Anxiety needles through him: Cordelia is flying in from South America, old friends whom he hasn't seen in years are coming, and Beatrice—he can't help worrying about her. Travel can be stressful, and he doesn't like her to put additional strain on her body. It's ridiculous really, all this hoopla, more than he's ever experienced for the opening of a building. "But it's the first retrospective the Weisman Museum has ever done on a Minnesota architect," Hallie reminds him. "You should be proud."
He is proud. His firm has won more than its share of competitions and awards; he believes he's living up to the aim he had as a young man to be a great architect, to elevate, in Louis Kahn's words, the circumstantial to the ideal. If he doesn't always achieve it, he continues to try. Not once has he ever considered lowering the bar. Maybe it's the word itself, retrospective, that bothers him—the focus on the work achieved, the career already made. Finished. Isn't that what's implied, a career past its prime, the best work done?
It pisses him off. As good as he is, he can and will do better. His partner, Alex Thorne, laughs at his frustration that the Weisman exhibition will only be shown at a handful of museums around the country. "Don't be so greedy," Alex says. "What do you expect, MoMA?"
"Good, yes," Hallie says. "Excellent, yes. But who goes through life wanting to be great? What does it even mean?"
He knows what it means to believe yourself capable of being among the best. He wishes Hallie would understand. She's happy for him, happy, too, that their daughters and her sister Clare are coming. It seems small and ungrateful to be pissed off when such an honor has been handed him. And now everyone's coming and there's so much yet to do: his speech, a new door for the shed, the garden.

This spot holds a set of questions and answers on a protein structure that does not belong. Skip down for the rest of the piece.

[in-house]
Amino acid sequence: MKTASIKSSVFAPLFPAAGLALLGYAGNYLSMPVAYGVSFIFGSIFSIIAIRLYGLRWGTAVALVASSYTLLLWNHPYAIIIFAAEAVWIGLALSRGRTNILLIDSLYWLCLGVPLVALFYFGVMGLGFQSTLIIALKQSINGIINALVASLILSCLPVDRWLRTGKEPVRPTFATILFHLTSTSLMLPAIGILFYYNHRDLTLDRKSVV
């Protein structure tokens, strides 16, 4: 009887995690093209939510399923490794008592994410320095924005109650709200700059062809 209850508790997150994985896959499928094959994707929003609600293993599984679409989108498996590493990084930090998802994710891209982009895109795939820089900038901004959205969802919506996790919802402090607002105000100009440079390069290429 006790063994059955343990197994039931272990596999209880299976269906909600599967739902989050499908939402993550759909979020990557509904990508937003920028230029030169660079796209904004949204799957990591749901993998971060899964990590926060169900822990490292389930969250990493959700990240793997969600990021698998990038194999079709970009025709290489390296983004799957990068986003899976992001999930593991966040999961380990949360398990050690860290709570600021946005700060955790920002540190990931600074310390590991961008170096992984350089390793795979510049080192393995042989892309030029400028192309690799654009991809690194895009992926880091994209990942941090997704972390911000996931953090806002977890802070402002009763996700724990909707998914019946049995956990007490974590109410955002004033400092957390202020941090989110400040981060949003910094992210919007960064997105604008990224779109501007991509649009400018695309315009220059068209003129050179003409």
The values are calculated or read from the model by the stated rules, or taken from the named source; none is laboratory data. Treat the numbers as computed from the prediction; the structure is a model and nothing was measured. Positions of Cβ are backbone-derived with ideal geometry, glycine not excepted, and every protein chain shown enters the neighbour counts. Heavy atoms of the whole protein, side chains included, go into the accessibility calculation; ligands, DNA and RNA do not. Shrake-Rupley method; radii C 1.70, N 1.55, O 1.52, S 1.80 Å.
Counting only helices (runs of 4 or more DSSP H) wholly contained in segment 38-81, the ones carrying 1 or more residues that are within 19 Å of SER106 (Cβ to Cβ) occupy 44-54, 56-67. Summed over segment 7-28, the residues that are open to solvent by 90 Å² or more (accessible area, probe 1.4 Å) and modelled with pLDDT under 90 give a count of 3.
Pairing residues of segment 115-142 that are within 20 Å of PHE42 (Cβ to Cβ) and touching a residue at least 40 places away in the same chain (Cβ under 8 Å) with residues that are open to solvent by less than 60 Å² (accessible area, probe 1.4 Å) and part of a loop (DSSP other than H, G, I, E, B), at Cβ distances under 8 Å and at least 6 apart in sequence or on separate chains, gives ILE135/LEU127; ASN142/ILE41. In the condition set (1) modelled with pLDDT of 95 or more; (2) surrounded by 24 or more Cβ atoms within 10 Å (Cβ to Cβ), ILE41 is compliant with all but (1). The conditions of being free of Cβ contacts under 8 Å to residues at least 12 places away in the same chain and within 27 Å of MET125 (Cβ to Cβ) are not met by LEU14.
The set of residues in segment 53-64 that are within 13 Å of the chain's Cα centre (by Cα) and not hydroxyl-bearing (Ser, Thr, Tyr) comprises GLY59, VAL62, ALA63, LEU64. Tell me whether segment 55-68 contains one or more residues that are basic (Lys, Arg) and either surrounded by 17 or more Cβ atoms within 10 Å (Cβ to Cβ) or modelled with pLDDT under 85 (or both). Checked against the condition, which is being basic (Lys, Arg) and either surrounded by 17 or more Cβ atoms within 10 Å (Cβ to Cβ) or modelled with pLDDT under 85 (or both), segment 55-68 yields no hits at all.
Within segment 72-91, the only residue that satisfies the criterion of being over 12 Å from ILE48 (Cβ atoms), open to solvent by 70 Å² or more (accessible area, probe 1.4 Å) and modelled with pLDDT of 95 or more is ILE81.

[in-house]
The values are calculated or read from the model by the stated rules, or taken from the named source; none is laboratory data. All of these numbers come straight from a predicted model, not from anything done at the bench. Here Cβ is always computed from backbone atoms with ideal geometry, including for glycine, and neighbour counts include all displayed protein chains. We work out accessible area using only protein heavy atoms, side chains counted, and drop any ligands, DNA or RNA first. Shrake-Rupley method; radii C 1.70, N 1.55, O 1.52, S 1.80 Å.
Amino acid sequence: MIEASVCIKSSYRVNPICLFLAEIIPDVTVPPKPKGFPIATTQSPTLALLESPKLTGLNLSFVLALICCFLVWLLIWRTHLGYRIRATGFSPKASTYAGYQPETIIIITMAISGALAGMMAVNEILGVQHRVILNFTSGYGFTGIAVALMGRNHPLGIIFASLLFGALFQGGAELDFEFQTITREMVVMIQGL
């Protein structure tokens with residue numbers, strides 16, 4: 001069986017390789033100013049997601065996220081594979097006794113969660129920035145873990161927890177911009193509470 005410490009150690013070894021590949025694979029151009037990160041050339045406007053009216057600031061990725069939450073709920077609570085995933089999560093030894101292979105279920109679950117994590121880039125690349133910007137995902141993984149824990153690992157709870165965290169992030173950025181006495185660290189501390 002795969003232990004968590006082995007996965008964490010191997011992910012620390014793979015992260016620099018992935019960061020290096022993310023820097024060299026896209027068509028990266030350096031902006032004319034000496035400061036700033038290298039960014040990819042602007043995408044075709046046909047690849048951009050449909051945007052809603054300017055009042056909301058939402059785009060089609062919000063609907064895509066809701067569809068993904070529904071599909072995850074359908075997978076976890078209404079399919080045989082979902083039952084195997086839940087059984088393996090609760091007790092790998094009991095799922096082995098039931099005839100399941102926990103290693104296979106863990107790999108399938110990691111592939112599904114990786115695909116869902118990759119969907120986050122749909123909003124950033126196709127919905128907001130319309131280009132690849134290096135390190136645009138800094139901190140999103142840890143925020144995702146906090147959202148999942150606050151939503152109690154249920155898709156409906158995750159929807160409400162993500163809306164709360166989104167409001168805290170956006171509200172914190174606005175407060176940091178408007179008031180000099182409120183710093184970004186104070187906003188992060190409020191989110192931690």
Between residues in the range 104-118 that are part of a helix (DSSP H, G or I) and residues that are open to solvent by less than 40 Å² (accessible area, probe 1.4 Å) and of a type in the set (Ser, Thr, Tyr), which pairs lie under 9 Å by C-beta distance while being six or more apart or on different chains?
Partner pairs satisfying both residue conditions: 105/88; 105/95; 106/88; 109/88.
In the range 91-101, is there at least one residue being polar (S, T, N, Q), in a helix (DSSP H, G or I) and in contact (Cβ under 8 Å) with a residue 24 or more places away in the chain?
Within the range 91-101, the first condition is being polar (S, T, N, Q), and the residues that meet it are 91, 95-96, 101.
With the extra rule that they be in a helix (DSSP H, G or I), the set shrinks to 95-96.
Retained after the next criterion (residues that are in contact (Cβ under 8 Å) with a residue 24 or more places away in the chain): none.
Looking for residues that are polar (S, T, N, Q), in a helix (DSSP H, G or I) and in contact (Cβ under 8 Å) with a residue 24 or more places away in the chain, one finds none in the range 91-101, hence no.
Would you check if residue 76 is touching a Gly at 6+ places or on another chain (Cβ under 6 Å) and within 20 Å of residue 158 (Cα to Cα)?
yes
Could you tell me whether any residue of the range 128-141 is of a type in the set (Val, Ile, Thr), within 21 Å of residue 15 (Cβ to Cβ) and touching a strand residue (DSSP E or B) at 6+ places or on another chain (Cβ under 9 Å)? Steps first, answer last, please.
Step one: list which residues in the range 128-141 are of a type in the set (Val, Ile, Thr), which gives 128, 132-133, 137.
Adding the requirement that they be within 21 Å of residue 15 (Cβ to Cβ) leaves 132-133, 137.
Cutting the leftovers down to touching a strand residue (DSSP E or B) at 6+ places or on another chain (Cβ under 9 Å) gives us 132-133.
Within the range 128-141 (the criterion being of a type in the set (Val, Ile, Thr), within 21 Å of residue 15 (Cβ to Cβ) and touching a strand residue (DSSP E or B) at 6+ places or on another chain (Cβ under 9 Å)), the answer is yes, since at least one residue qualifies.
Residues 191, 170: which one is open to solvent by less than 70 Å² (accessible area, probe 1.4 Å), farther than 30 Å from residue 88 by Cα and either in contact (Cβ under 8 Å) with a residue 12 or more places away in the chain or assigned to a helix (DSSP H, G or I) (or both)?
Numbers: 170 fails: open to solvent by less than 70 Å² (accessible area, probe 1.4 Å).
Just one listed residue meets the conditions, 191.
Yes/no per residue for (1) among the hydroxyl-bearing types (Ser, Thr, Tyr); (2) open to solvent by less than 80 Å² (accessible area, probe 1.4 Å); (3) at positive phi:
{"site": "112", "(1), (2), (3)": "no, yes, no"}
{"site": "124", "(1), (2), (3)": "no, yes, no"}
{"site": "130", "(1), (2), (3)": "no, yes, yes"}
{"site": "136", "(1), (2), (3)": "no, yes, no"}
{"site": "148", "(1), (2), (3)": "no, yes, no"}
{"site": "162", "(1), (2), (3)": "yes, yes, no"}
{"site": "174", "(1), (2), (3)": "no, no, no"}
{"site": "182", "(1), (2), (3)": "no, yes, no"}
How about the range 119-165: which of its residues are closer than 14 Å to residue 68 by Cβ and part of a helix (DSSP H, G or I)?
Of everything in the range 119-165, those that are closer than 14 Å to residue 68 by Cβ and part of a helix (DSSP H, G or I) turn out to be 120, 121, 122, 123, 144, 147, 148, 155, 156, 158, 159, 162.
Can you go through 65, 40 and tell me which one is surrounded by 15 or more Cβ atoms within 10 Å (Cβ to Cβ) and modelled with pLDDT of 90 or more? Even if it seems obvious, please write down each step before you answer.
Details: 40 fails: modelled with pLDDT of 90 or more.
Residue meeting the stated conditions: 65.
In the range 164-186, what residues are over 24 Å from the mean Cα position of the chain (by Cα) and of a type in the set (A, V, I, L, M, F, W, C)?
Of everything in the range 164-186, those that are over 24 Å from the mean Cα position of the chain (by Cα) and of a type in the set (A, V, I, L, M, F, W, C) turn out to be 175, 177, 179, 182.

He finds this looking back sentimental, a waste of precious time, though he's learned to keep this to himself around Hallie. In the old days she would have said there was something wrong with him, that his emotional life was stunted in some essential way. For her, past and present are indistinguishable. "That's because you're a poet," he says in his own defense. And yet the memories keep coming. The ones of his father leave him restless ... wanting. Wanting what? An apology, maybe: I'm sorry for the pain I caused, the mess I made of our lives. He's startled by a gust of wind and leans forward in his chair, the sighing pines stirred out of their uncharacteristic stupor.
As suddenly as the unexpected breeze comes a flood of images. He shakes his head to ward them off but they press forward, whispering and insistent: gold on metal, blue water, pinwheel umbrellas on a crowded beach. His father, Tommy Fens, rolls down the window in his yellow Karmann Ghia and tilts his face into the salty air. Sometimes Carl stops there, takes the story in a different direction, toward the boardwalk and beach where he and his parents spent so many Sundays when he was a boy. Now, however, he stays with the speeding yellow car, watches his father's chestnut hair scatter into the glittering embers on the tip of Carmen Festuccia's cigarette. Neither one saw the semitruck wandering like a lazy eye in the westbound lane. No time to stop or even swerve when the truck veered wildly toward them, plummeting down onto the yellow hood, a cataclysm of crunching metal and glass. The fire was so fierce that witnesses were forced to watch helplessly until a fleet of emergency vehicles arrived.